Hip Fractures: How to Prevent and Treat Them
The hip fracture: it may seem like a mild injury. In truth, it can be incredibly dangerous. Each year, more than 300,000 Americans ages 65 and older are hospitalized due to hip fractures. Even worse, these hospitalizations can lead to numerous other complications, like treatment-resistant infections and pneumonia.
When it comes to hip fractures, an ounce of prevention is worth a pound of cure. Here’s what you and your elderly loved ones need to know about preventing hip fractures both now and in the future.
How Hip Fractures Happen
According to the Centers for Disease Control and Prevention (CDC), more than 95% of hip fractures are caused by falling – typically by falling sideways. While women experience three-quarters of all hip fractures, both men and women fracture their hips for many of the same reasons.
Ice, uneven ground, household obstacles, and interference by pets and kids are the primary culprits. The risk of hip fractures goes up with aging – doubling with every five-year increase after the age of 50. By 90 years old, one in four women and one in eight men have fractured a hip.
Preventing Hip Fractures
Since hip fractures are so painful and difficult to recover from, it’s smart to be proactive about preventing them from happening in the first place.
Here are a few ways to do just that:
Work With Your Doctor
Your healthcare provider is your primary line of defense when it comes to hip fractures. A doctor will educate you about your risk of falling and ways to avoid incidents. The doctor should review all the medications you’re taking to ensure there are no interactions between them that could cause dizziness or fatigue.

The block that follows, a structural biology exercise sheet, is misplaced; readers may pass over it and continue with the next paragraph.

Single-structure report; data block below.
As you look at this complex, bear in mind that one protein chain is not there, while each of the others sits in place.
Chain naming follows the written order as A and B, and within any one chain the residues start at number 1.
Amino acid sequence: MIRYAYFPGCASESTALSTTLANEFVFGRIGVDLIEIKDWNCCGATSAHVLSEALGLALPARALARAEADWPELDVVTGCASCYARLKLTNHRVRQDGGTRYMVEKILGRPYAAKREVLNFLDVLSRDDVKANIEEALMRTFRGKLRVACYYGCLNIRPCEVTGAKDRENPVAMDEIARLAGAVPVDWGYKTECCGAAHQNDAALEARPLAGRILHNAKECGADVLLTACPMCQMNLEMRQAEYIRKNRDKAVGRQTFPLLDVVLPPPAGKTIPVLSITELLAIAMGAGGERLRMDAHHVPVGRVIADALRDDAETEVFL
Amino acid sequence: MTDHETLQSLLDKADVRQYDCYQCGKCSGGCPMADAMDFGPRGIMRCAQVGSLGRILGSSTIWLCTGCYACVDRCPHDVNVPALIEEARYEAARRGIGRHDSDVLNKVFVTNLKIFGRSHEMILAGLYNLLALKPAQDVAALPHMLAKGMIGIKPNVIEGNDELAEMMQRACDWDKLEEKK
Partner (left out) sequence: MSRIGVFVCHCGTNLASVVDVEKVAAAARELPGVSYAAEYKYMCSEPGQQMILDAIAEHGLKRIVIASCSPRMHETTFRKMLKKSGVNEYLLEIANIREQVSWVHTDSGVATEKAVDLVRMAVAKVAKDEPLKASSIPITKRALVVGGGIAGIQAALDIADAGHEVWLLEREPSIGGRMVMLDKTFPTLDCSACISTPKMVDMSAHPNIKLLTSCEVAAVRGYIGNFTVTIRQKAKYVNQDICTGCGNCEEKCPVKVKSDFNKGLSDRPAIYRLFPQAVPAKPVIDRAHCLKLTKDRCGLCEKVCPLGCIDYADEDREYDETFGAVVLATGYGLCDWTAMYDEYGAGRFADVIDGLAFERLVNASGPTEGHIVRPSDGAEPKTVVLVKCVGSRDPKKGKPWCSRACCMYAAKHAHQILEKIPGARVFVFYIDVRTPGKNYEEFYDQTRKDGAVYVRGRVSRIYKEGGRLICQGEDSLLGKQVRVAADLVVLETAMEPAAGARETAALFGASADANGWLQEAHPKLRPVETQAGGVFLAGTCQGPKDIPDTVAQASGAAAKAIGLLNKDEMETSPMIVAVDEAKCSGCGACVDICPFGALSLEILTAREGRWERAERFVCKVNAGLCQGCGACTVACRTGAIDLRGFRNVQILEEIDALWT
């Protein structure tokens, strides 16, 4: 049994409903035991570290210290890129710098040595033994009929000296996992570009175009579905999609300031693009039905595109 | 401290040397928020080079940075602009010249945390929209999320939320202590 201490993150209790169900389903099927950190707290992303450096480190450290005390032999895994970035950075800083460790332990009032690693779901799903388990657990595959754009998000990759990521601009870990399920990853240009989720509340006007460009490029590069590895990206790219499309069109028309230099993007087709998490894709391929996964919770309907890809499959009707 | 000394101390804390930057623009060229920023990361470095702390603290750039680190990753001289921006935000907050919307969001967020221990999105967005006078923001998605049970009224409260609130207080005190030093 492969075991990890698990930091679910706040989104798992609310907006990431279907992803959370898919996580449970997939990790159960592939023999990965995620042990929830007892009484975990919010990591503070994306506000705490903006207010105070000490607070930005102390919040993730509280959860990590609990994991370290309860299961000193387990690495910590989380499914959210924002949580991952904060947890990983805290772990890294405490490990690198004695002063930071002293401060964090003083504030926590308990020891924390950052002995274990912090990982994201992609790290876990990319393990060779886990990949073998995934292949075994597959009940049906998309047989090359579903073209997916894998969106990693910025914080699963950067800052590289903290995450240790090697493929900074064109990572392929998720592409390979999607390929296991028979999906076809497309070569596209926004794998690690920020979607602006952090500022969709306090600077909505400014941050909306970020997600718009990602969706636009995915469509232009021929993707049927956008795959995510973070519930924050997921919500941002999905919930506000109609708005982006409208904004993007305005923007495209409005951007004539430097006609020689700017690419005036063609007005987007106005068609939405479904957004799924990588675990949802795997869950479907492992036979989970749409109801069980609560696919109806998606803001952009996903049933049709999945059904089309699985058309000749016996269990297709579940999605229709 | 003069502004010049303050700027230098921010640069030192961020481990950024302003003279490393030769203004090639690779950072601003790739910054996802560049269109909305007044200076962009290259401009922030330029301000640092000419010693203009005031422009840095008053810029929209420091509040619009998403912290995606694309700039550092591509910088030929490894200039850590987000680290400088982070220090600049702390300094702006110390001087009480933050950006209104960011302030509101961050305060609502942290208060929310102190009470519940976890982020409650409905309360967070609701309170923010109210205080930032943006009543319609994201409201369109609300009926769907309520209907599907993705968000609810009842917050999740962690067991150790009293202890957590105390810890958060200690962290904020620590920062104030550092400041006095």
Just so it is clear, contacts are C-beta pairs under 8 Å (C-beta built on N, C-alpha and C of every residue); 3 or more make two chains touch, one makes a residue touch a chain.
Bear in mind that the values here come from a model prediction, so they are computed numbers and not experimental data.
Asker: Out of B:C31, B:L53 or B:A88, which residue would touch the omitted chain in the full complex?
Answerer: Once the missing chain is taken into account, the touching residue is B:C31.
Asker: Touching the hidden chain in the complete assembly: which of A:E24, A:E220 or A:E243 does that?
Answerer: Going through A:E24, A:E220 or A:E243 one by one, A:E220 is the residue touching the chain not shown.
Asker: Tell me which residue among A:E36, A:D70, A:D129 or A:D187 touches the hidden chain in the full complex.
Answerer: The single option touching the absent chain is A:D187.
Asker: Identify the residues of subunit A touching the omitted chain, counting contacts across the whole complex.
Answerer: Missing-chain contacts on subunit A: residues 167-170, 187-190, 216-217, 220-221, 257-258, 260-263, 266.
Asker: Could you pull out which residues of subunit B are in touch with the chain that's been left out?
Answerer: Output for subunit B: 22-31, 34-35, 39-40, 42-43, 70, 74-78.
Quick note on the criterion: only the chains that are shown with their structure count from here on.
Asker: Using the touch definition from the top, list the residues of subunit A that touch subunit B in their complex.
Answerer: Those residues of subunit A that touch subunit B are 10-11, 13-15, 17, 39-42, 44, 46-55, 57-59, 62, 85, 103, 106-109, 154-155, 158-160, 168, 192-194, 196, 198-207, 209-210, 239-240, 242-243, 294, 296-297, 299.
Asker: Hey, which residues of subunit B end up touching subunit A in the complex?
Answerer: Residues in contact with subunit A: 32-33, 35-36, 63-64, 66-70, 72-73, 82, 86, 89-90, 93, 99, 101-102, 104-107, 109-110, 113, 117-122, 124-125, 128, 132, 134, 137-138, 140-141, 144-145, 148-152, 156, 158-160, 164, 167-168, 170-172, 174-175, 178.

Finally, a doctor will screen you for osteoporosis and recommend a Vitamin D supplement to strengthen bones and improve density.
Strength and balancing exercises (like moderate weight lifting and yoga) will both go a long way to prevent hip fractures. According to studies conducted and published by Harvard Health, just twelve minutes of yoga practice each day is enough to reverse and prevent osteoporotic bone loss.
If yoga isn’t your thing, turn to other exercises like walking, strength training, or swimming to maintain your range of motion, improve stability, and prevent injury.
Make Your Home Safer
In-home obstacles are a significant factor behind many hip fractures. It’s tough to stay safe, for example, if you’re always worried about tripping over loose carpets or slipping down the stairs. With this in mind, here are a few simple tips to make your home safer:
- Get rid of items you could trip over – clutter is a primary culprit
- Add grab bars to the bathroom, specifically on the sides of the toilet and the outside of the shower or bathtub
- Add railings to both sides of the stairs to prevent slipping
- Increase visibility by adding more lights throughout your home
Rehab Old Injuries
If you’ve suffered a hip fracture in the past, proper rehabilitation is critical to preventing it from happening again. An excellent rehabilitation facility will offer the occupational therapy (OT) and physical therapy (PT) you need to get stronger. If you live in a nursing care facility, tell the staff about your old injury (Assuming it did not happen at the facility). They’ll be able to put together a recovery plan that works for you.
Looking for a healthcare and rehab center for education and recovery services? Contact Senatobia Healthcare today to learn more about our programs and offerings.